I'm not sure how this works in the US, but there's been quite active talk in the provinces up here of changing federal funding programs, to give cities of a population of a certain size access directly to the funds, rather than having to brook the vanities of the rest of the province.

Really, it makes no sense when the only city that profits by that is Toronto, maybe Montreal and Vancouver, too. Except to assuage the griping in the downtown core.

But in the US, it makes a lot more sense. Y'all have quite a few cities well over the size of population in question, and it might not hurt to change the regulations so that the business and finances are handled proportional to population rather than geography. But there is danger in any such proposal-- especially when you consider that making any such matter population-dependent essentially puts the treasury under a sort of tyranny of the majority. Government has to be free of such pressures.

All of what I've said, though, is an economic, not a constitutional, matter. (And even where it is constitutional --specifically in sections 91 and 92 of the Canada Act, our constitution-- it's only such for financial reasons).

The regulation is ultimately bound to the federal Constitution. That document overrides all others. And for good reason. But the interpretation of that Constitution could skew in any given direction. And, of course, it can be nullified by an amendment enshrining "marriage" in the legal, if not sacramental, sense as being a union between a man and a woman. Now, that would be struck down under the right court---- but it still comes back to the question of the Supreme Court, and how they intend to handle the matter, since inevitably it'll be their matter to interpret, and determine, the constitutional handling of the definition of "marriage".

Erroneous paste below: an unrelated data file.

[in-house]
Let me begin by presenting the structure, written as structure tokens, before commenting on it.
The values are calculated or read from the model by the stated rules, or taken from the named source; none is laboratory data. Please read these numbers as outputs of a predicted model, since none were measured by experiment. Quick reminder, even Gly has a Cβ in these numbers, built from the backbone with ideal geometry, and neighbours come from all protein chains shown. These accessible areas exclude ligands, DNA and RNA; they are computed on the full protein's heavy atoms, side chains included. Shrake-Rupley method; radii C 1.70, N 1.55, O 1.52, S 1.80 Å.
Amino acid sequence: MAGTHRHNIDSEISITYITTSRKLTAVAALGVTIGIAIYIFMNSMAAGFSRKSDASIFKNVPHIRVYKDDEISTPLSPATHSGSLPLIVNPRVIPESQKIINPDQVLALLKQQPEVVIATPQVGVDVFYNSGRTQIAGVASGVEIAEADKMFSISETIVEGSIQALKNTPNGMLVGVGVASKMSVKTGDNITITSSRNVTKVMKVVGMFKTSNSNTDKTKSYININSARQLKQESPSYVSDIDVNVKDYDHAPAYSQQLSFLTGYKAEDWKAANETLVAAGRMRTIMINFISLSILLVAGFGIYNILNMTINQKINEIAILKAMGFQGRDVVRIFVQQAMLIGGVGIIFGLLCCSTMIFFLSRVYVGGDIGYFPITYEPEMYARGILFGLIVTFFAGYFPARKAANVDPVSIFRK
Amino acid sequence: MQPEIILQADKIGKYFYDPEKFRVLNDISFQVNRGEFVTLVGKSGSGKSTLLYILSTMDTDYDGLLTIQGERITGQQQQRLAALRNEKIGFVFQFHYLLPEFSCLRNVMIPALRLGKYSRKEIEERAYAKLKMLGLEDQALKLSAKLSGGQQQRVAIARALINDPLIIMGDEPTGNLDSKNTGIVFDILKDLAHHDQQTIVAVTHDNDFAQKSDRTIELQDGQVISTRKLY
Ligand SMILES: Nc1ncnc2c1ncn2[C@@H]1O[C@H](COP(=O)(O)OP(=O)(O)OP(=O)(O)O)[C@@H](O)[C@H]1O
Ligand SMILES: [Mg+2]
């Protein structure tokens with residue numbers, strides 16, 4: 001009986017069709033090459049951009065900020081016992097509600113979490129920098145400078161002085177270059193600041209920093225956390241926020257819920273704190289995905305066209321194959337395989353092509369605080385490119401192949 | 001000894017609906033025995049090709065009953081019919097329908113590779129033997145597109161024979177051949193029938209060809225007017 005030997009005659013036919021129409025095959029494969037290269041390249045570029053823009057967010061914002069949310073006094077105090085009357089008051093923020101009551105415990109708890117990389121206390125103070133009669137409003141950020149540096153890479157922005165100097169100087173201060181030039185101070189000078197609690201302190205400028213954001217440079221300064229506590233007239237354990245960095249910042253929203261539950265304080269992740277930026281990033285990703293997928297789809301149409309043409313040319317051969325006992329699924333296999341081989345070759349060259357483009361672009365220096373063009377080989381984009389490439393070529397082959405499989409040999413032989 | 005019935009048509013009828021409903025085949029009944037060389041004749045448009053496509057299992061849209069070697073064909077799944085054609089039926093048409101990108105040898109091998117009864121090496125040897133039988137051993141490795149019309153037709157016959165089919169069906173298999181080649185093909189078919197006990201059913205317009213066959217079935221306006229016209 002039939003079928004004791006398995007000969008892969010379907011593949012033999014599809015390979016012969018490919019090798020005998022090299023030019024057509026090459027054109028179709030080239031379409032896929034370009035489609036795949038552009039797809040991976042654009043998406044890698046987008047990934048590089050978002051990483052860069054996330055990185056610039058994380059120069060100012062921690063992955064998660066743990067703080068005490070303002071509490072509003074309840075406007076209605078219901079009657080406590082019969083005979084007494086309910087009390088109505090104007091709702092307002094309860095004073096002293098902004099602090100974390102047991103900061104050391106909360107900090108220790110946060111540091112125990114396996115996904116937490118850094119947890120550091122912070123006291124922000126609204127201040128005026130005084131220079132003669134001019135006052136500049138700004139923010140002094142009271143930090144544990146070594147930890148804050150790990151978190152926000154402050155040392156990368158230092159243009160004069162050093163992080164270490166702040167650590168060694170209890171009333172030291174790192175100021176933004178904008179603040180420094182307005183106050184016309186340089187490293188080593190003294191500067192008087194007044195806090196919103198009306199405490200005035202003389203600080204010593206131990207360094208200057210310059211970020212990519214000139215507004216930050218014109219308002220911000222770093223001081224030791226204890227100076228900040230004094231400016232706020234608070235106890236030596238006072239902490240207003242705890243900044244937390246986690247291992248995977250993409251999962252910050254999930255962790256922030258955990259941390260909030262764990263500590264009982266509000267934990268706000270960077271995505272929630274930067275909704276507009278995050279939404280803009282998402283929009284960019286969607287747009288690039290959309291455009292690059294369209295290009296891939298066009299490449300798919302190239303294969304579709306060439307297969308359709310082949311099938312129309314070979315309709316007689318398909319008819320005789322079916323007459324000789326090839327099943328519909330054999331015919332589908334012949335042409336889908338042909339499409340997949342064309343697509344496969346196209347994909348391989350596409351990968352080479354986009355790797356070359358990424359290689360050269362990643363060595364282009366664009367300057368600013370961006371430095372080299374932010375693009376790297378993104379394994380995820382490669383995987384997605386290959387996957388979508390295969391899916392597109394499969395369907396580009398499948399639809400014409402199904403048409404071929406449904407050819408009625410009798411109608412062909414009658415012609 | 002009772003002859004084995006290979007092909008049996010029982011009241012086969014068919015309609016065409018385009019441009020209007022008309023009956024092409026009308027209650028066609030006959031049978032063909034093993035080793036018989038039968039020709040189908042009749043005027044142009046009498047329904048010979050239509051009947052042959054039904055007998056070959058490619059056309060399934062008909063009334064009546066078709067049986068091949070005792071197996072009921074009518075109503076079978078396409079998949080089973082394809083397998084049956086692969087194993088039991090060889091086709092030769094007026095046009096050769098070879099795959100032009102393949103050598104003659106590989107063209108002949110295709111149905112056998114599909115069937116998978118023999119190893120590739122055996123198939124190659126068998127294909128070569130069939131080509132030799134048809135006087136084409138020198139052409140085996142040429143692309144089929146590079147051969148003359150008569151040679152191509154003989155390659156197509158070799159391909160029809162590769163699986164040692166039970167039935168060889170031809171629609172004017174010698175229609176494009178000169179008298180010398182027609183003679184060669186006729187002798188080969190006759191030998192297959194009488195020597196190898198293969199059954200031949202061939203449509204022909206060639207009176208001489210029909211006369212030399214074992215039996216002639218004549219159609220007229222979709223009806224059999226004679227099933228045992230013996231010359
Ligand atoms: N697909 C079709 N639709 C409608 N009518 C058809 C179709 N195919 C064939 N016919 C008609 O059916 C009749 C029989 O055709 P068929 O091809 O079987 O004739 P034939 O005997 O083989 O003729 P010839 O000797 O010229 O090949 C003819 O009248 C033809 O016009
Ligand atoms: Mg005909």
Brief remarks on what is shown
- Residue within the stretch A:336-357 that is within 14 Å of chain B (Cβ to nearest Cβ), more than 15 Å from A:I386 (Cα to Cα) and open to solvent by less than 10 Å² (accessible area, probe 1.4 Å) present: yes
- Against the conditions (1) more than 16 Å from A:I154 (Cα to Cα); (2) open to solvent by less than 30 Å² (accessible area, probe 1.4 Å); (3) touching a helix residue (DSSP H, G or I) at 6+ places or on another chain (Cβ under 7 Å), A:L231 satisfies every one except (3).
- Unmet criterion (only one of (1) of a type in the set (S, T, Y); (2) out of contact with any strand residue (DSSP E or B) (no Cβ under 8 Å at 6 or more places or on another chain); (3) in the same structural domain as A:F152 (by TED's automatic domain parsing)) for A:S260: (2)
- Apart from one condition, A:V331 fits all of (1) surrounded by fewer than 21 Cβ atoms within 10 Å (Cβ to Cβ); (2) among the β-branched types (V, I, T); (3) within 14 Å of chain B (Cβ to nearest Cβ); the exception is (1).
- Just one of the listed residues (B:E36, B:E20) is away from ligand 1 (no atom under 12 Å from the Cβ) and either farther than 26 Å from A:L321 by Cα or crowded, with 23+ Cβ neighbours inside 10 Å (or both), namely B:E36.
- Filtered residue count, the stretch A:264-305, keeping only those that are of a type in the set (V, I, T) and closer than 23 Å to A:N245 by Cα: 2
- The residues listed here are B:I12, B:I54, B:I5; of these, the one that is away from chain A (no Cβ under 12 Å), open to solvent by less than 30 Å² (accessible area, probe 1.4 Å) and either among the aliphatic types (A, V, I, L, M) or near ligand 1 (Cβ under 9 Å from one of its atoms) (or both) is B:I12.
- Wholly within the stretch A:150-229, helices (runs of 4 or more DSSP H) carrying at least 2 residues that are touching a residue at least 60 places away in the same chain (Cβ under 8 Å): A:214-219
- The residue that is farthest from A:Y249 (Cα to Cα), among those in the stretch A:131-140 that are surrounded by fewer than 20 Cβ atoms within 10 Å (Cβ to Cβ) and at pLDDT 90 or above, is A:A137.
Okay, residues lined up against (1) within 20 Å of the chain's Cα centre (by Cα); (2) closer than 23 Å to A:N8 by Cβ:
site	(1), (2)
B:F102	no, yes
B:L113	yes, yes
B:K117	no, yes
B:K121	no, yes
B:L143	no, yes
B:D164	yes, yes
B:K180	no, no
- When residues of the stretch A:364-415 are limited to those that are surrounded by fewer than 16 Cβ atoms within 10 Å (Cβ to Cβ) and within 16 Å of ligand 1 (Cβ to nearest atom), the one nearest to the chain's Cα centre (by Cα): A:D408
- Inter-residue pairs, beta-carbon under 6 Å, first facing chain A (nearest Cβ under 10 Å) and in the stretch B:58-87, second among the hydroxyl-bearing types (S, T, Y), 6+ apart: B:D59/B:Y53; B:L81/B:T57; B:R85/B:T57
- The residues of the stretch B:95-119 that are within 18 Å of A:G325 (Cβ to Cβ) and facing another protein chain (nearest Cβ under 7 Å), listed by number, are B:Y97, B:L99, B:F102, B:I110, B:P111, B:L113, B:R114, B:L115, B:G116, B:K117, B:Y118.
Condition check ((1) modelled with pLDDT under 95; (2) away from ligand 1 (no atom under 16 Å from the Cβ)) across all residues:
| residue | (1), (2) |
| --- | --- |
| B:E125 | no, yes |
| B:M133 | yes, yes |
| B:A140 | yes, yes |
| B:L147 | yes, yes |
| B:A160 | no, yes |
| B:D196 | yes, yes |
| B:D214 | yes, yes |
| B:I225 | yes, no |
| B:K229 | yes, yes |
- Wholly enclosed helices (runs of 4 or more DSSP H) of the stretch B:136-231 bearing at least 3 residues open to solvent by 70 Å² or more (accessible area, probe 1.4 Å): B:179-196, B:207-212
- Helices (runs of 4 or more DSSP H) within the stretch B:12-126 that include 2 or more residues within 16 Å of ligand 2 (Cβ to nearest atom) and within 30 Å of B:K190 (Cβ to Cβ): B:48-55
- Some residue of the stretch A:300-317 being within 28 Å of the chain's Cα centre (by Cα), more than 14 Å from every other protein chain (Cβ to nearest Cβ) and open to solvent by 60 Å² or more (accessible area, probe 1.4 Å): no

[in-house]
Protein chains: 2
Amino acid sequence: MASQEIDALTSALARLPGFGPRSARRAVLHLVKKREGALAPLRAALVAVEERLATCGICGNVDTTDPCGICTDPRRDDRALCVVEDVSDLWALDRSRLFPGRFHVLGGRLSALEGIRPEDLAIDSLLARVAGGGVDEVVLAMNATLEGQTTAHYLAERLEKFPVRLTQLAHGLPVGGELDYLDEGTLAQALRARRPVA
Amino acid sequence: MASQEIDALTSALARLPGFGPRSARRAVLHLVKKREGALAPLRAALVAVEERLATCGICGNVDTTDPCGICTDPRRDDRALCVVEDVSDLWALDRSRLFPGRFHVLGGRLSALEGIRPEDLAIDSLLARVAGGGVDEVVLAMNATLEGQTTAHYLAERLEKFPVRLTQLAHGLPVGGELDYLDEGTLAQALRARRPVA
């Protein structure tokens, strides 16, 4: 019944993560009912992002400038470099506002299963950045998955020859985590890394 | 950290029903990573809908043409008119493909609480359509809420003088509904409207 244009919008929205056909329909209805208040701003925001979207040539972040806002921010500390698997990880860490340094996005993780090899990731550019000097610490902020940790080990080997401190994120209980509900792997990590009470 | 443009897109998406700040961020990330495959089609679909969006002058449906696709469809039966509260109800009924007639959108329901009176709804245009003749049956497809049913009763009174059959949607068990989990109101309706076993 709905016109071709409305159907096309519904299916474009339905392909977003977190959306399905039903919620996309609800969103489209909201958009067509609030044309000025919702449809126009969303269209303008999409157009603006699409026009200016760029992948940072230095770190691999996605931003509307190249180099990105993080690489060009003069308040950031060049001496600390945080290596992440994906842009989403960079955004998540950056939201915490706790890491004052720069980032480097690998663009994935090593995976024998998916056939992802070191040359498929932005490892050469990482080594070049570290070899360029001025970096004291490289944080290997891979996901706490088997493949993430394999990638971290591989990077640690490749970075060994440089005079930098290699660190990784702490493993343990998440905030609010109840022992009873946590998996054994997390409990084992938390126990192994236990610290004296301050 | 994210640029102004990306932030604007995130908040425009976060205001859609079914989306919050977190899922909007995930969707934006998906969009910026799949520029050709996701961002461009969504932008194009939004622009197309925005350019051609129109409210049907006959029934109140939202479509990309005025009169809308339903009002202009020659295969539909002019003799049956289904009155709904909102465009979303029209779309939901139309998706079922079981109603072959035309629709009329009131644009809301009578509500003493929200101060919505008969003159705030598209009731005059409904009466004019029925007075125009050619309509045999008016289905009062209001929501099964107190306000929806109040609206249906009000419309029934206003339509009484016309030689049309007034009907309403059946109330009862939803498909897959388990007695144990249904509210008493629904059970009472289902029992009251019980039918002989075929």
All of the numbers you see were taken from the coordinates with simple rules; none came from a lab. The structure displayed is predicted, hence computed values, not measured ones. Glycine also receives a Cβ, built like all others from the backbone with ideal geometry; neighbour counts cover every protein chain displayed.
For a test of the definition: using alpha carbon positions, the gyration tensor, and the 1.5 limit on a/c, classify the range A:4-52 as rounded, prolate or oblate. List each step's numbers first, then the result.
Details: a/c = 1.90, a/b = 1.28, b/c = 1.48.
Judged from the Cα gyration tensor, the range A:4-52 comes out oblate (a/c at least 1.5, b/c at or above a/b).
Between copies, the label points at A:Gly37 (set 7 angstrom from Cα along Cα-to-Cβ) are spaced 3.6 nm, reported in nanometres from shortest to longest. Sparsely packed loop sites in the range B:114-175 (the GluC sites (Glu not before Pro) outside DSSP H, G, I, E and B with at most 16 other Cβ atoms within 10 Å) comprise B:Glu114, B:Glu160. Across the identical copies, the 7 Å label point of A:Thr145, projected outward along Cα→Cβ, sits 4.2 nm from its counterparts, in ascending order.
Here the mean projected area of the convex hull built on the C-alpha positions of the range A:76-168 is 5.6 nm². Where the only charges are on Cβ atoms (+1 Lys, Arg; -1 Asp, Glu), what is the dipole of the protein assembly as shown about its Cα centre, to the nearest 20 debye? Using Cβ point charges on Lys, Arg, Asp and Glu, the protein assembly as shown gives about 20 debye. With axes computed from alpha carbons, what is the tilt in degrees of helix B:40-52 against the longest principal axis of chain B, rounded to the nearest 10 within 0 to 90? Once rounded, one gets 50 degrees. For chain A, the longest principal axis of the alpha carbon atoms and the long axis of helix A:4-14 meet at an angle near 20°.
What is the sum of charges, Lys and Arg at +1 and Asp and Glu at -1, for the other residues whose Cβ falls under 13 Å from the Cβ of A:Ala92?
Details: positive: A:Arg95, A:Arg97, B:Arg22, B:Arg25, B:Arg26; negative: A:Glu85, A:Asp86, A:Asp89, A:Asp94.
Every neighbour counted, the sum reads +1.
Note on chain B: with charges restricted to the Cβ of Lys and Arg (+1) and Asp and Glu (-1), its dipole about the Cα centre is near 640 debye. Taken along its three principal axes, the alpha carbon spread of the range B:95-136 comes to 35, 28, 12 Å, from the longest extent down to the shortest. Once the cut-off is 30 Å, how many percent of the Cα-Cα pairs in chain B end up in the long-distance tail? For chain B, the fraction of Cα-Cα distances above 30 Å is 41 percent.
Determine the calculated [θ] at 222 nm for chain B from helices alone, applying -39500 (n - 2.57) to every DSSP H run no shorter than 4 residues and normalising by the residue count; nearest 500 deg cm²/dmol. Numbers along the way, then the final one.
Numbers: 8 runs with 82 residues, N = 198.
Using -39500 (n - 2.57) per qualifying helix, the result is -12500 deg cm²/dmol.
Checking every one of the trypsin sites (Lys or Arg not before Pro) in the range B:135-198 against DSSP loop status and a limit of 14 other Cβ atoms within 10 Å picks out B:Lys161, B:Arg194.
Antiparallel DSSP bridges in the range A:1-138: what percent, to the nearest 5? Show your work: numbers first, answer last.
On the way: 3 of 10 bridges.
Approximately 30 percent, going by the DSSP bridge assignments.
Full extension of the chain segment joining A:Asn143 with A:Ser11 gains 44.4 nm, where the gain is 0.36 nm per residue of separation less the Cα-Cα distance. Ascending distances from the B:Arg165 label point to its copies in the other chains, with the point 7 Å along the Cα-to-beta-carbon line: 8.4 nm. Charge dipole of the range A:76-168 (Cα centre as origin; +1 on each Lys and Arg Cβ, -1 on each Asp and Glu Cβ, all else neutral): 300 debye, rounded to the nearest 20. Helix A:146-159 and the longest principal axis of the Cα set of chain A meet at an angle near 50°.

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#17 Delvo

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Posted 13 February 2004 - 12:46 PM

The concept of marriage can no longer be saved. Its meaning is wiped out. Let's just get rid of it as a government-recognized status. Seriously, not joking. It's the only possible solution left.

#18 Godeskian

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Posted 13 February 2004 - 12:46 PM

Chaddee, on Feb 13 2004, 06:42 PM, said:

I'm with Shalamar. If it's a stable unit, why shouldn't it be *two or more*?
base 10 math rather than base 2 math?  ;)

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#19 Godeskian

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Posted 13 February 2004 - 12:47 PM

Delvo, on Feb 13 2004, 06:44 PM, said:

The concept of marriage can no longer be saved. Its meaning is wiped out. Let's just get rid of it as a government-recognized status. Seriously, not joking. It's the only possible solution left.
why do you say this? because two people who love each other and just happen to have the same appendages want to be recognised as 'married'?

Defy Gravity!


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#20 Delvo

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Posted 13 February 2004 - 12:51 PM

Chaddee, on Feb 13 2004, 11:42 AM, said:

why shouldn't it be *two or more*?
Because then it's not a marriage, it's something else. Nobody's telling them they can't do that. It's just a matter of calling a rock a rock and a tree a tree, not calling everything a tree just because somebody WANTS rocks to be trees even though they just aren't.